Saturday, July 12, 2014

Why bother with the ceremony, then?

I recently attended a wedding. I was dismayed at how much weight the preacher who was performing it placed upon the licensing and other "official" recognitions. Even going so far as to talk about them during the ceremony- something I have never heard done before. Is this a new thing?

Sure, he talked about how the couple desired more than just the "legal" recognition, and that's why they chose the religious ceremony (and the associated fortune spent), but he kept emphasizing the "license" and "legal" aspects as if the ceremony were a mere show, and the actual marriage only hinged upon the State's blessing.

I guess that's why some make such a huge deal out of the gay marriage thing. After all, if the religious ceremony is that unimportant to the reality of the marriage, even to the religious, then what is left? Only the State's blessing.

If you tell me you are married, that is all the confirmation I need. If you choose to make it any of my business. I will never ask to see your permits. What sort of idiot would?

Never invite The State into your marriage! That's a threesome you really don't need.



  1. I remember reading, a long time ago, about early marriage practices in Europe. Only the aristocracy were married in churches. The serfs and peasants stood up in front of family and friends and other villagers and declared their commitment to each other, no priest to attend and definitely no government interference. Later, after common people began getting married in churches, the government realized that they could tax the whole thing and, voila, marriage licenses.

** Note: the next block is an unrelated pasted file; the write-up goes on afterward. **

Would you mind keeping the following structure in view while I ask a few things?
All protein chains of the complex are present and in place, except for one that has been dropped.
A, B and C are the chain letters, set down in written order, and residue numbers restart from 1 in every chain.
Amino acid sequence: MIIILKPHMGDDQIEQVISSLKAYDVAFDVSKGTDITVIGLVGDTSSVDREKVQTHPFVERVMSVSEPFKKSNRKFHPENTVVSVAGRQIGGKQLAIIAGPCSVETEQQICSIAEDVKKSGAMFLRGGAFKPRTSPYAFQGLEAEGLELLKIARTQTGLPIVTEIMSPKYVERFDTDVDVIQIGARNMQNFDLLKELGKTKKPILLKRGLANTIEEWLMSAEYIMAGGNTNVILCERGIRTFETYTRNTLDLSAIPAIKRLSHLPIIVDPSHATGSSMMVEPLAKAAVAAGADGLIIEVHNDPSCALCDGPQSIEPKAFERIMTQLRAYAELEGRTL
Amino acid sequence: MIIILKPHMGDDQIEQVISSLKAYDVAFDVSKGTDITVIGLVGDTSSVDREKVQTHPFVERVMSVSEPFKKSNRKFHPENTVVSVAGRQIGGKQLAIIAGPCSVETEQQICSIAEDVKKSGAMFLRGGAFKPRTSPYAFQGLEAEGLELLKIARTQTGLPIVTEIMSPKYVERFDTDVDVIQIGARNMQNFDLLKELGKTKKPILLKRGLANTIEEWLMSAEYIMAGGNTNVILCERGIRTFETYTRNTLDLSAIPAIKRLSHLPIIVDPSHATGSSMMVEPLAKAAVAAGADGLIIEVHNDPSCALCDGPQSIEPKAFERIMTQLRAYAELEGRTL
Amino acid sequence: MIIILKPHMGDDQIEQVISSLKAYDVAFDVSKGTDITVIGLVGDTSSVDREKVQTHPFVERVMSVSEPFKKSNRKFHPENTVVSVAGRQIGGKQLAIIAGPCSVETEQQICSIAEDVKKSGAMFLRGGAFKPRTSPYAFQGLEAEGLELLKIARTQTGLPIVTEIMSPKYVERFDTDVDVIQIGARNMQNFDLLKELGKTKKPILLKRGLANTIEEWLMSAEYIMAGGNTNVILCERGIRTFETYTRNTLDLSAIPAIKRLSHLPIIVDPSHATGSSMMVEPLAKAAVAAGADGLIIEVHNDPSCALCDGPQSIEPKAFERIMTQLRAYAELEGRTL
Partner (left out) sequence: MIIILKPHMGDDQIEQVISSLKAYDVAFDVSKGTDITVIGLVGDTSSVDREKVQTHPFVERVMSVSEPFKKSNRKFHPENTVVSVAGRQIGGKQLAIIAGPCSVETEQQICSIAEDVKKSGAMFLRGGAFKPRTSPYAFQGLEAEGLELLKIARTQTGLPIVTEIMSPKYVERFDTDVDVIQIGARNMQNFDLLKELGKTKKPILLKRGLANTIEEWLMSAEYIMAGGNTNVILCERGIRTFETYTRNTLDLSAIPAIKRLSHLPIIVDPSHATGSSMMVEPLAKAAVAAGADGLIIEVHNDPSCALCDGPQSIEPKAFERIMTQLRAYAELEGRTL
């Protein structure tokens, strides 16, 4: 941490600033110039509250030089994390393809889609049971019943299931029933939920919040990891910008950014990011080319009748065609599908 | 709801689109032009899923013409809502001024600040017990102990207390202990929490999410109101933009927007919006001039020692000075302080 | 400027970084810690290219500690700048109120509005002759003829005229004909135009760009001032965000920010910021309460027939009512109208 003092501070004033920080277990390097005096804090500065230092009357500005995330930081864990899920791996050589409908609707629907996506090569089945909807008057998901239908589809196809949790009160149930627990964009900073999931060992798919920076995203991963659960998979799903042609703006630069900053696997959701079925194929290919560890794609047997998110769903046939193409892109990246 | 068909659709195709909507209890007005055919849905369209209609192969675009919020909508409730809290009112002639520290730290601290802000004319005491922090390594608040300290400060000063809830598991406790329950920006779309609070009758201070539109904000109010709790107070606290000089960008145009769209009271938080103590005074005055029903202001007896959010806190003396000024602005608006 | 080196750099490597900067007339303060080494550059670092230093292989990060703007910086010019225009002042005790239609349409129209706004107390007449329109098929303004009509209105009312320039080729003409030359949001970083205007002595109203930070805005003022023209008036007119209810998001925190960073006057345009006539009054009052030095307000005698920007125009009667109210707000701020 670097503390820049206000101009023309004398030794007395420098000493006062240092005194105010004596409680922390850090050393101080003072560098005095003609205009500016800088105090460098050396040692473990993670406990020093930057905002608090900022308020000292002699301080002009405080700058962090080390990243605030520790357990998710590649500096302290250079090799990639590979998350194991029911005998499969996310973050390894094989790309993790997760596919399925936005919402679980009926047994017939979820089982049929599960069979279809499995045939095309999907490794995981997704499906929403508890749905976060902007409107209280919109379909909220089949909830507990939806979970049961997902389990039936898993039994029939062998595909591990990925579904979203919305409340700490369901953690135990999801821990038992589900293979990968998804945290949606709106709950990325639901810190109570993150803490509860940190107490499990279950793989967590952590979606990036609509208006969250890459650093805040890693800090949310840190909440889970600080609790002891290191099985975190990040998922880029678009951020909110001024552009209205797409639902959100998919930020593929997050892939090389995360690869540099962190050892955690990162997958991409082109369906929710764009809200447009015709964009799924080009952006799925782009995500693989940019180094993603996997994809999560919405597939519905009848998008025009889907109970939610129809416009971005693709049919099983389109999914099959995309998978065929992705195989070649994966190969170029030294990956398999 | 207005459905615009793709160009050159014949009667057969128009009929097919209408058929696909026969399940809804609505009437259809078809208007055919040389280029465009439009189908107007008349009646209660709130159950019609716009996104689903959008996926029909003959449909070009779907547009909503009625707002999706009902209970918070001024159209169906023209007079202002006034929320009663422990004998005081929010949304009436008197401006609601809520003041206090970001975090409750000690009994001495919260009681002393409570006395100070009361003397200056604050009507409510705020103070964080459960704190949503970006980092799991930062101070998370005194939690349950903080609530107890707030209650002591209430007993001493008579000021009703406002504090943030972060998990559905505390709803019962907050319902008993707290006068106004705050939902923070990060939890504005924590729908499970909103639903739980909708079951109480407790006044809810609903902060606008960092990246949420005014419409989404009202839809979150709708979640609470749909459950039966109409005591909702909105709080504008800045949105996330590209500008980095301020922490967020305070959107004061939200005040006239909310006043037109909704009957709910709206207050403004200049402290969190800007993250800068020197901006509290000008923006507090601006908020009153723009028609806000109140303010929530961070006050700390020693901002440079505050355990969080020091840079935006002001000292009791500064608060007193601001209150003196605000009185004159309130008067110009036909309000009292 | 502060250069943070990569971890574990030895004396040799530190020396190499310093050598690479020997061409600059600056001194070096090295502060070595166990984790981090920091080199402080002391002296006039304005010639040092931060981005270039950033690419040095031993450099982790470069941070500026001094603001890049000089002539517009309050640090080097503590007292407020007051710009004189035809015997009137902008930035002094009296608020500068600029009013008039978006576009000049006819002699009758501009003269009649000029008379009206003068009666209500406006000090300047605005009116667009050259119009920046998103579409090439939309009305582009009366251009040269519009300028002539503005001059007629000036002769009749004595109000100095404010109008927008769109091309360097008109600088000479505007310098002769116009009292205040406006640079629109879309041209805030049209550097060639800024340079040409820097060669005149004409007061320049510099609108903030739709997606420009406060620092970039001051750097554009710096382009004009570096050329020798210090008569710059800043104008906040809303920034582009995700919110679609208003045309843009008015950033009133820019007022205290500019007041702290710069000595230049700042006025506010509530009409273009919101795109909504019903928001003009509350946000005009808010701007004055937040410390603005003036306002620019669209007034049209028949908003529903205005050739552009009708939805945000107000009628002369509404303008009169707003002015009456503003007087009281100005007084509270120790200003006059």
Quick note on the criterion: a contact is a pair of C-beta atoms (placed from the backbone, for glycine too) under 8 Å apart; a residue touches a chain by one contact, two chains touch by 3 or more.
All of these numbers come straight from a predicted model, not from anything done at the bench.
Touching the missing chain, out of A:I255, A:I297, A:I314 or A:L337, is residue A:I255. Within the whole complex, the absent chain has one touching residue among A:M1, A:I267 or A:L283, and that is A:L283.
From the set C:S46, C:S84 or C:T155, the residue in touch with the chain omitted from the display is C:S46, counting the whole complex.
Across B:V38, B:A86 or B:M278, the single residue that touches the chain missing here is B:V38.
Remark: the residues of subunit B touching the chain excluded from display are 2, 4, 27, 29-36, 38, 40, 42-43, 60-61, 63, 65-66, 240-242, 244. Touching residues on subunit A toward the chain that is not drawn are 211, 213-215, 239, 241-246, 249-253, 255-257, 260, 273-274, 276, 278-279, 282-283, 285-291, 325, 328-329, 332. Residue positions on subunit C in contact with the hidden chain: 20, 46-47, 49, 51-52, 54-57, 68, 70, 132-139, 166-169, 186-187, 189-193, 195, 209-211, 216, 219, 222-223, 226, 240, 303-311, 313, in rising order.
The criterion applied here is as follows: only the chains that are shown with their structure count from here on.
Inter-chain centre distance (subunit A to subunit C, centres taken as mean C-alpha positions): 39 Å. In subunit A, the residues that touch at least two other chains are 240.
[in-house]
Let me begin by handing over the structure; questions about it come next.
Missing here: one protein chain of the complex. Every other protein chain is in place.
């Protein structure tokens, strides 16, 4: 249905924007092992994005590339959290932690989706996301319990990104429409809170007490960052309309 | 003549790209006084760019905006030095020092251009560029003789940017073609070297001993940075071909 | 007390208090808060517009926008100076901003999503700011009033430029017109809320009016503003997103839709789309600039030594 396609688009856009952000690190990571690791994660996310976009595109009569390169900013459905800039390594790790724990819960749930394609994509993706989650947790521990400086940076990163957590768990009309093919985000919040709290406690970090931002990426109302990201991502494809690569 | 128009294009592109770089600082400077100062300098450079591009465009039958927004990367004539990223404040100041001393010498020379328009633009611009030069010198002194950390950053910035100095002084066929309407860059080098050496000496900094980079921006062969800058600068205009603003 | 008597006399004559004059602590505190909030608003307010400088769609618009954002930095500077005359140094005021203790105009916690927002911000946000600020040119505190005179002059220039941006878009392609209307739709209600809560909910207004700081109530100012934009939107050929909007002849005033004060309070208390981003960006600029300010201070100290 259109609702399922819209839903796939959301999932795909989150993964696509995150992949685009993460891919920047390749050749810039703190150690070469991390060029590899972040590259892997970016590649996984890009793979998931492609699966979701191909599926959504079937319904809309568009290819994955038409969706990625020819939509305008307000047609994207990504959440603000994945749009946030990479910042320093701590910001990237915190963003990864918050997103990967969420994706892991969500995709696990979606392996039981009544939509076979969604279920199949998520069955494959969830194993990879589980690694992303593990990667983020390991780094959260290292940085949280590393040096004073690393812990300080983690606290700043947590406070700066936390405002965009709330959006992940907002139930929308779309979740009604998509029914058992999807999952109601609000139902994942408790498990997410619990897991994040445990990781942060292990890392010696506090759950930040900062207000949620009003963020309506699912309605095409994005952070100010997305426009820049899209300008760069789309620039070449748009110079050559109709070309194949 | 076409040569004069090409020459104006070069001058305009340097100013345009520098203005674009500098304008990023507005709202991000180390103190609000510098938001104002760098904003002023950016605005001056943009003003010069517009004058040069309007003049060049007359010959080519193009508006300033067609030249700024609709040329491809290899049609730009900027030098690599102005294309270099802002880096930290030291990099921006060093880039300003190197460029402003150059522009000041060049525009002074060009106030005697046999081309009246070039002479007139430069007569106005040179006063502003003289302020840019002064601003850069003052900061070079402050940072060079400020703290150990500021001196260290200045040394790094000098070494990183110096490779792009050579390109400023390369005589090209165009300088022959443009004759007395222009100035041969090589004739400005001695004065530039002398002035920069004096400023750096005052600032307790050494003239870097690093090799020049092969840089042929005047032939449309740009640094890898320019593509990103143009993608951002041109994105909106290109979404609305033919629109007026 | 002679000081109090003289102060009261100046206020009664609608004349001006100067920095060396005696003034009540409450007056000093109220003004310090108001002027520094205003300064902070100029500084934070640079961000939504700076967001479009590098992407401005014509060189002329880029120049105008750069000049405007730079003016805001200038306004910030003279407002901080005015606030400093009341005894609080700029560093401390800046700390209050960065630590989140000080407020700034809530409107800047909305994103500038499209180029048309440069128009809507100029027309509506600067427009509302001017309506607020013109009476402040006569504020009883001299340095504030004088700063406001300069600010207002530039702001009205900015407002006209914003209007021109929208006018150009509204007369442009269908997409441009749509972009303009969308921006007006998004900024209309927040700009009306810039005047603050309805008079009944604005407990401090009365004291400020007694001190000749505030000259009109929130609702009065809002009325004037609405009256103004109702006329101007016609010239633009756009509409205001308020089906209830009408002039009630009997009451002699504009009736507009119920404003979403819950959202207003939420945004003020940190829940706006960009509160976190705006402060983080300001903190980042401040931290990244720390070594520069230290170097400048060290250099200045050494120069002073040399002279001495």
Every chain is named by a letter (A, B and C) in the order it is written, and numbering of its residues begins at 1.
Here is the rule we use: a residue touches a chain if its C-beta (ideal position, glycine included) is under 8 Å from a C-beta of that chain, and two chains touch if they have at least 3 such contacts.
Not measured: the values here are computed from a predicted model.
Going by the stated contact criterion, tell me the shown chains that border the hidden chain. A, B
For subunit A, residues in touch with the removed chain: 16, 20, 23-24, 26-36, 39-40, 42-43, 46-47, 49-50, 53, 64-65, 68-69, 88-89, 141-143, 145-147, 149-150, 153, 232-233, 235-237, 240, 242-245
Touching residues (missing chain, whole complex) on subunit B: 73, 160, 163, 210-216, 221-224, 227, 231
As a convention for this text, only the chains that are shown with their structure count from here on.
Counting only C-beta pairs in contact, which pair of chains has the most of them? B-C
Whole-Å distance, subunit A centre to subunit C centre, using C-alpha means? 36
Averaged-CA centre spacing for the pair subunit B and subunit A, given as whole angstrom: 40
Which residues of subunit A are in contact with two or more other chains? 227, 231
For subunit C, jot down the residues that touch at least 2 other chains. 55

1. Bingo.

      The act of marriage is at its heart a simple thing. Two people declare their commitment to each other, in front of witnesses. That's more or less it. All cultures, regardless of what other details or window dressing they care to apply to it, stick to that simple, basic formula.

      Strip it back to its basic form and it's the essence of libertarianism. A contract, entered into voluntarily for mutual benefit.

      There are various ways to poison that vision, of course. Marriages where one party's participation isn't voluntary is a classic. There can be no contract there, so the whole thing's invalid to anyone who respects the idea of self-ownership, but there have been plenty of cultures which did that and some that still do.

      The modern disease is the idea that the state has some sort of right to be involved in the business of marriage, and that you need its licence or permission before you can go ahead and marry the (meaningfully informed and consenting) individual of your choice.

  2. I don't think I've been to a wedding in at least 35 years. They give me the creeps.
    It's like watching a slave auction.

  3. One of the reasons people wanted to get married in front of their friends and family was to publicly show the combination of two households. Now what this meant in terms of property rights, I'm not sure they ever really had a good answer for that.

  4. This type of ceremony is better defined as celebrating their new 3-way contract with the State and not so much their love or devotion to one another. Perhaps they could simply marry their parents instead.